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There then followed a protracted power struggle for control of the peninsula. Gyeon Hwon attacked Gyeongju, the Silla capital, in 927 CE, while Gung Ye's unpopular and fanatical tyranny led to his death at the hands of his people. Gung had become drunk on power and believed himself to be the Maitreya Buddha, spent his time composing sutras, dressed himself and his family in extravagant robes, and never went anywhere without an entourage of 200 monks chanting in his wake. He even claimed he had the power of mind-reading and used his 'skills' to purge his court of anyone he suspected of disloyal intentions. Gung was succeeded in 918 CE by his first minister, the able Wang Geon (Wang Kon) who probably had a hand in his hated predecessor's assassination. Wang had already distinguished himself as a naval commander, capturing several islands and blocking Baekje's trade with China and Japan. Wang selected the new name of Goryeo (Koryo) and moved the capital to Songak (modern Kaesong) where his father had long been a wealthy merchant and local headman.

Taejo of Goryeo (Wang Kon)

Wang Geon's Unification of Korea

Later Baekje (Hubaekche) attacked the Silla kingdom in 920 and 924 CE. Silla, now the weakest of the three kingdoms and only controlling a small heartland in the deep south, responded by calling on Later Goguryeo for assistance. When Baekje attacked and sacked the Silla capital of Gyeongju in 927 CE, the Silla king Kyongjae (r. 924-927 CE) was forced to commit suicide and a puppet ruler, Kim Pu installed in his place with the reign name of Kyongsun. Wang responded by attacking the Later Baekje capital, which was now beset by leadership in-fighting. Gyeon Hwon then lost a battle at Kochang to a force led by Wang. Back at the Baekje capital, Gyeon faced a rebellion led by his son Singom, who, displeased that his father had favoured his younger brother Kumgang as next in line for the throne, imprisoned Gyeon at Kumsansa.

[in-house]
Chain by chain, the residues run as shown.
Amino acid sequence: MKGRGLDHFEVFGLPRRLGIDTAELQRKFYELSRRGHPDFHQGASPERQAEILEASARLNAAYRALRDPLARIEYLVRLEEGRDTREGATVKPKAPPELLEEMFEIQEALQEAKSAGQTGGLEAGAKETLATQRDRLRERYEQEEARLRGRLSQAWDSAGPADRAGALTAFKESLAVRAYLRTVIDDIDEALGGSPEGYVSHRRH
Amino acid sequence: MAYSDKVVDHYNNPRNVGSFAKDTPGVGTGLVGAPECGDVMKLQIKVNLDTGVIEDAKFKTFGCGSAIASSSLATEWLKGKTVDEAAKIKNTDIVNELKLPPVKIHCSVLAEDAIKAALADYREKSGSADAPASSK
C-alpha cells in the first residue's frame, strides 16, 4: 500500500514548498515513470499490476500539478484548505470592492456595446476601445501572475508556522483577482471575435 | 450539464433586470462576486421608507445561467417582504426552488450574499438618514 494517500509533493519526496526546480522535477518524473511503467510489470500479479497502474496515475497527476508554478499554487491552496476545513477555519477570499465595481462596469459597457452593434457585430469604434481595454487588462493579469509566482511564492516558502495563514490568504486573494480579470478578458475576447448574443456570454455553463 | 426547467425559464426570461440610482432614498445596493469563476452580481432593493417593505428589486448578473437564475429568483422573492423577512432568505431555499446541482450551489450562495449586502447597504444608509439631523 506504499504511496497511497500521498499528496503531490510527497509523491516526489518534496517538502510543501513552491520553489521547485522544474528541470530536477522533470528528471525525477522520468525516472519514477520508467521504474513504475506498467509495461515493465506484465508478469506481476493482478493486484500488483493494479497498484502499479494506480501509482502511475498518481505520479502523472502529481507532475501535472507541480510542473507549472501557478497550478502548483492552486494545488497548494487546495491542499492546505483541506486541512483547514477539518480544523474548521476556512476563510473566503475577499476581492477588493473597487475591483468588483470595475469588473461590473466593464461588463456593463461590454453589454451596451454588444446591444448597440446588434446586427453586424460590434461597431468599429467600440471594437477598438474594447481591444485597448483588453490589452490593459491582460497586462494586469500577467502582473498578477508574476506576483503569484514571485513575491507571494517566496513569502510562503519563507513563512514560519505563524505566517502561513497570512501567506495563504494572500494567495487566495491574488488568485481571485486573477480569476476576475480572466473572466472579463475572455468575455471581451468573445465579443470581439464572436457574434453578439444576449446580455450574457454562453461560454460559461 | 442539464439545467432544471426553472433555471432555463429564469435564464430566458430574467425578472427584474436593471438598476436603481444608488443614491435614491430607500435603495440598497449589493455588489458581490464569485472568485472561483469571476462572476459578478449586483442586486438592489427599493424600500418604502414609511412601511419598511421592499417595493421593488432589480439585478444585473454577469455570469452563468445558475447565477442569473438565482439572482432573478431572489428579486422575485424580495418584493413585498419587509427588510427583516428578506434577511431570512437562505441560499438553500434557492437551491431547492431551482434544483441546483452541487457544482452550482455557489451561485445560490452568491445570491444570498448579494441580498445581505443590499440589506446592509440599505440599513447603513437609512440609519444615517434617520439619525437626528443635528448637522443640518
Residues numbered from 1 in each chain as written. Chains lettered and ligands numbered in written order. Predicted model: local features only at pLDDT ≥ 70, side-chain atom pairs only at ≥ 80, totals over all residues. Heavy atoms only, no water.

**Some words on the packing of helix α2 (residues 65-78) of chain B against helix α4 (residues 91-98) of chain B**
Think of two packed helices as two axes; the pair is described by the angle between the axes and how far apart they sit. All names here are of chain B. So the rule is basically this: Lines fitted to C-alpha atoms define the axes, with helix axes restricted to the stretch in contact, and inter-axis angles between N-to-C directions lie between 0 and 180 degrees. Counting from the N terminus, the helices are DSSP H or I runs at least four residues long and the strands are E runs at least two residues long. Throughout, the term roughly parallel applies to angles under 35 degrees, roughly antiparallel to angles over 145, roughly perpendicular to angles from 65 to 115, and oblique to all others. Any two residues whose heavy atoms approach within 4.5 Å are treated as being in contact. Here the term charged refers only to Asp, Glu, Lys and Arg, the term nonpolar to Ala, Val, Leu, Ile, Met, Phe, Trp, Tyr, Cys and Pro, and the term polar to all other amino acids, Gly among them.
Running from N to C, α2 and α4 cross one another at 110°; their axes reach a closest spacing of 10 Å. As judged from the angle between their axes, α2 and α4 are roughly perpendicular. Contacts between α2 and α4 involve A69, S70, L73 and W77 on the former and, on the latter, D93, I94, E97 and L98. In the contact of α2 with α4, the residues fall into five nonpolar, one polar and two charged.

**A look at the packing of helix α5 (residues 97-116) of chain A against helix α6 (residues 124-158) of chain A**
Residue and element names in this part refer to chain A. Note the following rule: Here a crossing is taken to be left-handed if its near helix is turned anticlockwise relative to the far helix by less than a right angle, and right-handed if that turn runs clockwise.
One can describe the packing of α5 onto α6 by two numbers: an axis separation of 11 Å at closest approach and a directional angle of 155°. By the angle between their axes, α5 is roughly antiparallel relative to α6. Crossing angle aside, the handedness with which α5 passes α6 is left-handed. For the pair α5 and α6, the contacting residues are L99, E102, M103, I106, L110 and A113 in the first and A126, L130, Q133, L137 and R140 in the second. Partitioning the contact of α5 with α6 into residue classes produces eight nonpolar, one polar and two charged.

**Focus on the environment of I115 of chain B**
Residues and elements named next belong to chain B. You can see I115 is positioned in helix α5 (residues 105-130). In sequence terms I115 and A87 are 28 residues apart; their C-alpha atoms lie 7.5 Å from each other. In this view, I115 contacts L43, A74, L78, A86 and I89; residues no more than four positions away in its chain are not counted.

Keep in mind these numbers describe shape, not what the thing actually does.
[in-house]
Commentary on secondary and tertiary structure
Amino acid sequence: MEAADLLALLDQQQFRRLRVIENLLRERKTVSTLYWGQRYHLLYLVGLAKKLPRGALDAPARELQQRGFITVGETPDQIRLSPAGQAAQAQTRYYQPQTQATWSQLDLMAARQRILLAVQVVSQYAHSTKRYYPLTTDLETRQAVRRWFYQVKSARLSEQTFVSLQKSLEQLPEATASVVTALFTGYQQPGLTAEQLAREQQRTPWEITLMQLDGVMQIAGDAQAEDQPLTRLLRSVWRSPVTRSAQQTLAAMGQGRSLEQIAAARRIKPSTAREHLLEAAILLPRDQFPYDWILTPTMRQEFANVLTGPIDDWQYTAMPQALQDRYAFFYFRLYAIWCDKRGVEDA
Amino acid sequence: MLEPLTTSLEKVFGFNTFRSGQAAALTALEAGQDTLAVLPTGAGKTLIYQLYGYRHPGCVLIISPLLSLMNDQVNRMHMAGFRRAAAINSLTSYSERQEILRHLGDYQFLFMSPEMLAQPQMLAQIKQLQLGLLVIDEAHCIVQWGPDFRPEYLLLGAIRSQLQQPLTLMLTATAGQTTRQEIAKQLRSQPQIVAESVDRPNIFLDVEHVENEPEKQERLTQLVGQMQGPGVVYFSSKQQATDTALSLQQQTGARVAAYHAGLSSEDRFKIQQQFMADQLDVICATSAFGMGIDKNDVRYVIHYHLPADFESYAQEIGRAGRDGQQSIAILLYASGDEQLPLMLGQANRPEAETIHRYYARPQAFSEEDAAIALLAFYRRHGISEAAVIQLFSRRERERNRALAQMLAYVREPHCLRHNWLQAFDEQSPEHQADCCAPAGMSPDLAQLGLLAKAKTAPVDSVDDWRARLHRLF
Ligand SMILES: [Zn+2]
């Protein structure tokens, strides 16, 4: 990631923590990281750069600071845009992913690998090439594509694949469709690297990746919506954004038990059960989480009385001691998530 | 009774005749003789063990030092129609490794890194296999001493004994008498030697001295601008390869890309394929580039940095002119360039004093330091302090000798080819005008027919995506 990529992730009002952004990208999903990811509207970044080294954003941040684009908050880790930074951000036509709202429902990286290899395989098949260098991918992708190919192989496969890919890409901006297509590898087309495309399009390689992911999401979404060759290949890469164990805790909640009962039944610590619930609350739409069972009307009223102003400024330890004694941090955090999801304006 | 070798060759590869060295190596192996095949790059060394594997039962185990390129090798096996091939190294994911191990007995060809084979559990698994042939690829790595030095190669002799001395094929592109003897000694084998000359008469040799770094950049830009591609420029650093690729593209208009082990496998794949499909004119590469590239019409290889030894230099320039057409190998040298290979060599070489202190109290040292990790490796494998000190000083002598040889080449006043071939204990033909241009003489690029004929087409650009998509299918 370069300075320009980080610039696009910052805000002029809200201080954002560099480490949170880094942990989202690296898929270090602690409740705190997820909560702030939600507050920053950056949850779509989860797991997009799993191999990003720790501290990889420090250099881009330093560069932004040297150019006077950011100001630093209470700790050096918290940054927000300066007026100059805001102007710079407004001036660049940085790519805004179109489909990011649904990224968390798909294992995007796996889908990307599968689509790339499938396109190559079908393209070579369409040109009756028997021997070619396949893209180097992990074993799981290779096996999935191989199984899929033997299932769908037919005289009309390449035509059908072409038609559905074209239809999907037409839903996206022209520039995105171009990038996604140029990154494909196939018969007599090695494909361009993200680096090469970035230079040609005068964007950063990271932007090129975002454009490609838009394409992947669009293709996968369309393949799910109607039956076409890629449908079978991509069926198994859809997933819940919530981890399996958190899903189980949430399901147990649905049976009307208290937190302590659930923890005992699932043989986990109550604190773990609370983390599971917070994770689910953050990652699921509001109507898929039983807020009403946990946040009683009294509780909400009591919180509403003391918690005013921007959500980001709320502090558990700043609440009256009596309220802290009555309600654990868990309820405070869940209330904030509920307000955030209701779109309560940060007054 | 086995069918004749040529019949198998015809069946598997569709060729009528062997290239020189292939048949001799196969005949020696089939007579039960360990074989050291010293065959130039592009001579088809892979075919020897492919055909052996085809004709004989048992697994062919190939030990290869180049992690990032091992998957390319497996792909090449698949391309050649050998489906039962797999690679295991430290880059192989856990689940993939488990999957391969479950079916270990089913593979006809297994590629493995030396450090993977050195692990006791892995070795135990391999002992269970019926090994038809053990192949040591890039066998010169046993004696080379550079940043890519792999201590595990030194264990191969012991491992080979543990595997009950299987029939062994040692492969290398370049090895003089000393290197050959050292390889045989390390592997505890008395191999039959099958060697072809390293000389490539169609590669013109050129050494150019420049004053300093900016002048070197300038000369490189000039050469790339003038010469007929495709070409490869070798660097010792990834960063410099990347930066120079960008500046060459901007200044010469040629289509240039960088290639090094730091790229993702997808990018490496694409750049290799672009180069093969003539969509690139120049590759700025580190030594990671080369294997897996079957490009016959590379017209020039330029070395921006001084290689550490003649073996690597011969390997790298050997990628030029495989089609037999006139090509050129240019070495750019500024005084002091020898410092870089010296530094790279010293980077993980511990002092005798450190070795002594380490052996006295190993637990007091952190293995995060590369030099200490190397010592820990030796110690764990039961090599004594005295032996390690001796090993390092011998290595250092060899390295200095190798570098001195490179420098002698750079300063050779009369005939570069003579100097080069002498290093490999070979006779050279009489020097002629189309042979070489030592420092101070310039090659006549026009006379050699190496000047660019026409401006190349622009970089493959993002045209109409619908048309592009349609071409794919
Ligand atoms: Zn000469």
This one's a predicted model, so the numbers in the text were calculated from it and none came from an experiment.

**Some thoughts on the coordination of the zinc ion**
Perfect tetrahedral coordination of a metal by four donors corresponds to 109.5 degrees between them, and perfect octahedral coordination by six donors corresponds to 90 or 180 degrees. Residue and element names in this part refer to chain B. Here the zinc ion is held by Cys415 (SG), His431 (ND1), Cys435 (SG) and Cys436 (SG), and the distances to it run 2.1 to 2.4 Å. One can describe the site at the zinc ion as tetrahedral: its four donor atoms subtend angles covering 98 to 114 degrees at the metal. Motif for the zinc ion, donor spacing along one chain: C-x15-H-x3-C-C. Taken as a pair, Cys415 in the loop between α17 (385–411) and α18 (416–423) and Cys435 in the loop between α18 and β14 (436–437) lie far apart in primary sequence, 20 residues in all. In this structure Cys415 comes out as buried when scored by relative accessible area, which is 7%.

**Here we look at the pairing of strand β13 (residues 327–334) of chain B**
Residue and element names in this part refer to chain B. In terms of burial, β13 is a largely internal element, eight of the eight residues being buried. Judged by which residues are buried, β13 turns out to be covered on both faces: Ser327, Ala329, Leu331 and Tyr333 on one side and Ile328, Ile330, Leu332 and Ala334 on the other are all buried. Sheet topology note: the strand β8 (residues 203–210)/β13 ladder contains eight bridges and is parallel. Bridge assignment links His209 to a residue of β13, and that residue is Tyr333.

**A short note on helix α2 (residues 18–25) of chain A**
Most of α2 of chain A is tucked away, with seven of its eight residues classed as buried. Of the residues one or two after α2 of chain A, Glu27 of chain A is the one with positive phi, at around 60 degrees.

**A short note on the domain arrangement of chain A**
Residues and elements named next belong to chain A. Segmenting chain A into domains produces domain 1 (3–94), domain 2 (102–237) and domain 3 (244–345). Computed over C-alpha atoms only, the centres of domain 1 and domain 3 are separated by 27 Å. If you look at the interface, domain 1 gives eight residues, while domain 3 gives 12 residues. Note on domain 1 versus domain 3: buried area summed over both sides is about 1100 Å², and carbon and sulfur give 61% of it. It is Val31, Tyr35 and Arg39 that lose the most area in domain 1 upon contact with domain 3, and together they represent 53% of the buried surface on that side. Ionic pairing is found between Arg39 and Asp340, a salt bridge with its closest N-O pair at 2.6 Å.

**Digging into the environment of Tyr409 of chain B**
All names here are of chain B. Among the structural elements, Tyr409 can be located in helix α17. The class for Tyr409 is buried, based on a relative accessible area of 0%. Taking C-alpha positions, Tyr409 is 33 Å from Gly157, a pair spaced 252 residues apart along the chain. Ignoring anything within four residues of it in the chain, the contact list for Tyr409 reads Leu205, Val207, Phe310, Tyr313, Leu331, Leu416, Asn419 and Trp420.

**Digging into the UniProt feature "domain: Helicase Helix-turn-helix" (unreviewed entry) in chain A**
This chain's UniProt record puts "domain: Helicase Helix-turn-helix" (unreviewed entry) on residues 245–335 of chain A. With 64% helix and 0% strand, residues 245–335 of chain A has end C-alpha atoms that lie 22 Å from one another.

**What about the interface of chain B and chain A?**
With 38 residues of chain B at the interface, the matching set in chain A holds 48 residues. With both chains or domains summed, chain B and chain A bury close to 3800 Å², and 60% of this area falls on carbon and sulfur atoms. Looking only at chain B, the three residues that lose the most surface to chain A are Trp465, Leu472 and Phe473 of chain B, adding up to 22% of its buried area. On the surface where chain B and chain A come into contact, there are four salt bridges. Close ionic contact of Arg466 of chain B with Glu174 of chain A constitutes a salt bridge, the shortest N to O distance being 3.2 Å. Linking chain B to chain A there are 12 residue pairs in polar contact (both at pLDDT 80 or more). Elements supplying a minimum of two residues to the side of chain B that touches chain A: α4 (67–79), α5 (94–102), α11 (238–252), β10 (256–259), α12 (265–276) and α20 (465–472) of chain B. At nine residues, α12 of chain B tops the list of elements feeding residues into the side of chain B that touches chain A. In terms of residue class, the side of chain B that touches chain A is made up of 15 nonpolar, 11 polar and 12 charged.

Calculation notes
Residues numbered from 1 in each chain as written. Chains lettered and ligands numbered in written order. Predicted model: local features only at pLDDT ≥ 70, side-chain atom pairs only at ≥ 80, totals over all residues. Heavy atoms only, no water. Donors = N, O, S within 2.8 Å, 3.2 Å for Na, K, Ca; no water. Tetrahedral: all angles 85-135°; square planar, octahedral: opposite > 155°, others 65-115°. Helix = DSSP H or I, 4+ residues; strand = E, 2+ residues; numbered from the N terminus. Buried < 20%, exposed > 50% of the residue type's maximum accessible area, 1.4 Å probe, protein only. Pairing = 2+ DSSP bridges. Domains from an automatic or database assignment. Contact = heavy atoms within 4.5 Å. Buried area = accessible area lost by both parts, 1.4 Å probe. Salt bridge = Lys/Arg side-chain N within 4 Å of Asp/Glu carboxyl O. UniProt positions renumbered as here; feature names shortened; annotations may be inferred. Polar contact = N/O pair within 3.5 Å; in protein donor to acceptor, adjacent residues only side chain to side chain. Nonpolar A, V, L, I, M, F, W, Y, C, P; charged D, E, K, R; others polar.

Wang was now in possession of most of Silla's territory, which he controlled via a new garrison outside Gyeongju, and his position as de facto ruler of Korea was recognised by the Tang dynasty of China in 932 CE. In 934 CE, after Wang's overwhelming victory over Baekje at Unju (Hongsong), refugees from the northern Manchurian state of Balhae (Parhae) felt the situation stable enough to return to Korea.

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Kyongsun surrendered and named Wang as his successor in 935 CE, and in the same year Gyeon, who had escaped to Goguryeo territory, appealed to his old enemy Wang for help to remove Singom. Gyeon led a Goguryeo army to Baekje, and the resulting civil war and death of both Singom and Gyeon in 936 CE, greatly weakened Baekje and allowed Wang to finally unify the country once again under the name of Goryeo, origin of today's name for Korea. Wang, posthumously given the title of Taejo of Goryeo or 'Great Founder,' established a dynasty which would rule Korea for the next five centuries. 

This article was made possible with generous support from the British Korean Society.

Editorial Review This Article has been reviewed for accuracy, reliability and adherence to academic standards prior to publication.



About the Author

Mark Cartwright
Mark is a history writer based in Italy. Surrounded by archaeological sites, his special interests include ancient ceramics, architecture, and mythology. He holds an MA in Political Philosophy and is the Publishing Director at AHE.

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Cite This Work

APA Style

Cartwright, M. (2016, November 30). Later Three Kingdoms Period. Ancient History Encyclopedia. Retrieved from https://www.ancient.eu/Later_Three_Kingdoms_Period/

Chicago Style

Cartwright, Mark. "Later Three Kingdoms Period." Ancient History Encyclopedia. Last modified November 30, 2016. https://www.ancient.eu/Later_Three_Kingdoms_Period/.

MLA Style

Cartwright, Mark. "Later Three Kingdoms Period." Ancient History Encyclopedia. Ancient History Encyclopedia, 30 Nov 2016. Web. 10 Dec 2018.